Is the code for this readable or compiled? I’m pretty sure I could resolve this myself if I could find and edit the software.

After some thought. I believe the only update needed is the ability to change the initialization setting. If I could set INIT_HIGH instead of LOW I could make everything work by using the FLIP option that is already there. You guys obviously have an INIT function already in place. Can you simply change the init variables from static to editable?

we are trying to make some change but it will take some time.

@jlohman You have two other options:
Use an Arduino and define your startup options in the setup function.
Use the MQTT connection method and the Python libraries. Define your startup values in the script.

Honestly if you are worried about resets and default settings those options will be a better solution anyway. The Aruidno has a few second boot up time and MQTT should be a little faster than the Pi Agent.

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Nice solution @adam

Even using an Arduino the default for Cayenne for a relay is incorrect. I am quoting from another website,

"Arduino microcontrollers start up with all pins as inputs that float high. (Pi starts with all pins as input also)

Any pins that are intended to be active high outputs will be ‘active’ until the program makes them outputs and resets them low. In other words if this board was active high, your relay would be energized when you start up, and would remain so until you reset your pins as outputs and take them low.

The manufacturer thinks you don’t want that (you probably don’t) so this board is set up the opposite of that (active low)."

The problem here to me is that Cayenne in the code assumes relays are Active High…and I am just not finding that to be true. So I would believe either correcting the relay default in the code or setup the option to set an initial state.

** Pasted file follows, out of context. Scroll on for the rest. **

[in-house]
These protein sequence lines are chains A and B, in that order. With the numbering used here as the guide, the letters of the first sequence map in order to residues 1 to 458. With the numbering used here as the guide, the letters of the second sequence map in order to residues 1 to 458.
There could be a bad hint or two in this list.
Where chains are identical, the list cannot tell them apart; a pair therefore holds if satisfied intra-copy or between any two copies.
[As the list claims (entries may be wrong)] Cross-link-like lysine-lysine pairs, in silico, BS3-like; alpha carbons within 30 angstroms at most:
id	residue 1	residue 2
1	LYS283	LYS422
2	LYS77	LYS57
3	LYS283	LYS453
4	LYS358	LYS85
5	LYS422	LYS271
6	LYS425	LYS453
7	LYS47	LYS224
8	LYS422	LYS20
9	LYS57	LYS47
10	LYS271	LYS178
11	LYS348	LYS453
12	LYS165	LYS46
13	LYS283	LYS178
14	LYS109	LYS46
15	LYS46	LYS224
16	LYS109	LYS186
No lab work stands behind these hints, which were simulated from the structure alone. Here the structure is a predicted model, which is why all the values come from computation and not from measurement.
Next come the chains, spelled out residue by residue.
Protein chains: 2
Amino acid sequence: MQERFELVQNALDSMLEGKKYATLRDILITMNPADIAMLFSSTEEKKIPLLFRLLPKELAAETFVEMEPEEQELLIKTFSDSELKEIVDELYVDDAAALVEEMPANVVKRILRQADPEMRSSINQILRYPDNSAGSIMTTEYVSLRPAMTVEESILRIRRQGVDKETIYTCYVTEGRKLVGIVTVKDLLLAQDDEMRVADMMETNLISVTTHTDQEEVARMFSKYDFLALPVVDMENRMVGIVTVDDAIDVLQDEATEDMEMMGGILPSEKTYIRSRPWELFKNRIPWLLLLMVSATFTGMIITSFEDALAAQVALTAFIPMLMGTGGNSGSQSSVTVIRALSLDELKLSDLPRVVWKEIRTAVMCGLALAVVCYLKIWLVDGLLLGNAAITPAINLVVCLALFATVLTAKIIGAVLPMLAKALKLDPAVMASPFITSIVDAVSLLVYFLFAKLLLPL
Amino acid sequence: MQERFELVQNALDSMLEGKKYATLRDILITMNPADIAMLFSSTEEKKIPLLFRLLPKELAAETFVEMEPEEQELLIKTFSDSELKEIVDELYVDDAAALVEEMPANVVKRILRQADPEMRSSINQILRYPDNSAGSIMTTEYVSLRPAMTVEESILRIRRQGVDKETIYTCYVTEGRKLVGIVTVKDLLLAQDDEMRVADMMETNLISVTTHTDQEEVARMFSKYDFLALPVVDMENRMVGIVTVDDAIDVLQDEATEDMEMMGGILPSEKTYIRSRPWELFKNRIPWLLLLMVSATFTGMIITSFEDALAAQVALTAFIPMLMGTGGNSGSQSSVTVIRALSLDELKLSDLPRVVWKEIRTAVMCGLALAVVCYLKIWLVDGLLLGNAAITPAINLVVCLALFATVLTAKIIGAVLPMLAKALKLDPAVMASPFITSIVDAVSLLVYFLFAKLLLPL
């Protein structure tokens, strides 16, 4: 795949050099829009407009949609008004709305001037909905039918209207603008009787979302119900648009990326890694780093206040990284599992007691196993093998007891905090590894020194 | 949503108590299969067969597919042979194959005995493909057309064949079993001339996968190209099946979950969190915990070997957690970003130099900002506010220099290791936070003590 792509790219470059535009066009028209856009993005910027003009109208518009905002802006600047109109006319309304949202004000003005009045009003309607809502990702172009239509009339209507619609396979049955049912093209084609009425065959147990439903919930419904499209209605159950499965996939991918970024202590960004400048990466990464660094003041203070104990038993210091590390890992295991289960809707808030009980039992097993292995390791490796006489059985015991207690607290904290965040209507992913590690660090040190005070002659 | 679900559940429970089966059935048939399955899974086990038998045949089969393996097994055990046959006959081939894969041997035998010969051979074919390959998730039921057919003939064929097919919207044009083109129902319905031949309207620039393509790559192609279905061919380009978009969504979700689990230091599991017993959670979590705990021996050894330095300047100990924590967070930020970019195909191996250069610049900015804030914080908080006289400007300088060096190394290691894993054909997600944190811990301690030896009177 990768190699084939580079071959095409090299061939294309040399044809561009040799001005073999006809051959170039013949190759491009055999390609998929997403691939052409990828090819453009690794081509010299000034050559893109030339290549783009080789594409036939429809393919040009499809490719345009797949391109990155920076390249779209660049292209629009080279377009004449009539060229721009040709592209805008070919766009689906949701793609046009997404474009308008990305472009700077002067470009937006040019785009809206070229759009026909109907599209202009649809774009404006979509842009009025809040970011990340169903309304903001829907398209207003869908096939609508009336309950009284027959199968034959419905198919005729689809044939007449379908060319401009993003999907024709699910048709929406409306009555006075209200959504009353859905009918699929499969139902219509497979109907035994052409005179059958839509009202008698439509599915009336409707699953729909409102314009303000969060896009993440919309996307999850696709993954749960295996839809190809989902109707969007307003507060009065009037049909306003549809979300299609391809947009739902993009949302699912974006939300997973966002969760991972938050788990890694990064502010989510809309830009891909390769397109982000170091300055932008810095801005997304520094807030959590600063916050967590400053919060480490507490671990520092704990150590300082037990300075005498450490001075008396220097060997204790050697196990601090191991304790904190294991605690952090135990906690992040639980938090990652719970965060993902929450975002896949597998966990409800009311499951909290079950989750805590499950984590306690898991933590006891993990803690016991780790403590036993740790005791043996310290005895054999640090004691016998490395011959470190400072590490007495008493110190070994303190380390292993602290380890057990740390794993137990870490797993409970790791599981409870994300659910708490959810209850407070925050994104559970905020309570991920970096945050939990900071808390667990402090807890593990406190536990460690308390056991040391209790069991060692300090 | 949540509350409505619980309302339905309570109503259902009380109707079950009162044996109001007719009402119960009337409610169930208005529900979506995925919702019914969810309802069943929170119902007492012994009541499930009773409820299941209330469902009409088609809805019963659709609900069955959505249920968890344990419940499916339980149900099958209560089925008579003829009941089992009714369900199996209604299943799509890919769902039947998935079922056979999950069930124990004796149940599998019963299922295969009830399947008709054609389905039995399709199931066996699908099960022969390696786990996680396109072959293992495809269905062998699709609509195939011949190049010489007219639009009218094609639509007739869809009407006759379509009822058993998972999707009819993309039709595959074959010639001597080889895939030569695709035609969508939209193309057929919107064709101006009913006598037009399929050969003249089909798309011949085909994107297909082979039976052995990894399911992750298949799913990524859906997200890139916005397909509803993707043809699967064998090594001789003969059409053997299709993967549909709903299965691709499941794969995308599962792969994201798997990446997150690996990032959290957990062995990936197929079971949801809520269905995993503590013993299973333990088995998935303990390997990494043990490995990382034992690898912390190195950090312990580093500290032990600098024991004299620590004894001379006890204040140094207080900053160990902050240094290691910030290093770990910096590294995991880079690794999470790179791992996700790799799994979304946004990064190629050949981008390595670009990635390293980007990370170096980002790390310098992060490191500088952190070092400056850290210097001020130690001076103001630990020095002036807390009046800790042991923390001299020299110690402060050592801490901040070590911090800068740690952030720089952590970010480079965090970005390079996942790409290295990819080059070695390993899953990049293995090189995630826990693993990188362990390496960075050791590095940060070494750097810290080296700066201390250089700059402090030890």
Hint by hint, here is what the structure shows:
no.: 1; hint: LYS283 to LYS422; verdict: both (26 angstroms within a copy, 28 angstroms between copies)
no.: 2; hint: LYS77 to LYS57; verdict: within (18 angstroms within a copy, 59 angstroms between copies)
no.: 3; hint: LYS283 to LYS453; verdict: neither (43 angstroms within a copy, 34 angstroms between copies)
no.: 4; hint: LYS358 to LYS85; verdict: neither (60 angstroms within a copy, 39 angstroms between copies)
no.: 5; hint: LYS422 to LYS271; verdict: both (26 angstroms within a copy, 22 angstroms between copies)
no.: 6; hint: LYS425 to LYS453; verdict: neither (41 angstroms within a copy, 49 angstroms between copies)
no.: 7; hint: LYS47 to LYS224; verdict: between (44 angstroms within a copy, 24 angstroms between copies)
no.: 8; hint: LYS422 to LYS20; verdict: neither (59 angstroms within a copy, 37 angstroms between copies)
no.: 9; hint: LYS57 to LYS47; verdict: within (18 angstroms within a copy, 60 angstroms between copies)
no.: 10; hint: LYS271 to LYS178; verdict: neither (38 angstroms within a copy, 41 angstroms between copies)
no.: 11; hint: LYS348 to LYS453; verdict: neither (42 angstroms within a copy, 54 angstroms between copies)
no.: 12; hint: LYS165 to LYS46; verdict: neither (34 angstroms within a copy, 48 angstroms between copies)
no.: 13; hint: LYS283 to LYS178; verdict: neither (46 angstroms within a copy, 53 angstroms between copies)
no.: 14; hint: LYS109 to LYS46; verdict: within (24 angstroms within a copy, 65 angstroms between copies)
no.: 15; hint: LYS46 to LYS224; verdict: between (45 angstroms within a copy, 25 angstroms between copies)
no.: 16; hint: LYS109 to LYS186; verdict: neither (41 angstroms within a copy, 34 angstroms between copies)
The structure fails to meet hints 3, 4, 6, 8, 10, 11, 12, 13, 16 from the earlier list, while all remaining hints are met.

Go online and search for relay boards. Your search will return 1000 active lows for every active high you find.

There are about 30 different solutions we could design to deal with the fact that Cayenne believes that an active high relay is normal (or that you want all relays turned on during startup).

I believe this is either:
a) a bug in the default setting for Cayenne for a relay
b) a configuration option that is desperately needed.

So a recap

  1. While the Pi reboots everything is in the correct state. OFF
  2. Any relays NOT configured in Cayenne stay off even after the Pi/relay is energized and Cayenne is active.
  3. Cayenne drives all configured channels LOW as a default, thus activating all configured relays.

what about using cayenne MQTT python library GitHub - myDevicesIoT/Cayenne-MQTT-Python: Python Library for Cayenne MQTT API

With Arduino in the setup function you define what you want your default state to be, it doesn’t have anything to do with Cayenne. This happens in milliseconds after the board is powered up.

This is a “feature” of the Pi Agent, not Arduino or MQTT connection method. I’m not disagreeing that we should be able to change it with the Pi agent.

Adam…you are missing the point. The default state is correct (off). I am not having flutter issues. It is when Cayenne starts up that the relays turn on. They don’t flick on and then back off. Cayenne appears to believe that the default state for a relay should be off HOWEVER it also appears to believe that the way to turn a relay off is to turn the gpio to low. That is not correct. Most relay boards are active low.

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I’m not missing the point, see my post above.

To me the issue boils down to this.

  1. Cayenne believes there should be a default state for a relay when Cayenne starts. (Agreed).
  2. Cayenne using a relay/GPIO believes that default state should be LOW.

All I am saying is that is an incorrect belief. Most relay boards are active LOW (no matter what device they are connected to (Pi or Arduino).

@jlohman we working on trying to get solution for this, till then can you try GitHub - myDevicesIoT/Cayenne-MQTT-Python: Python Library for Cayenne MQTT API to connect and set the state as you want.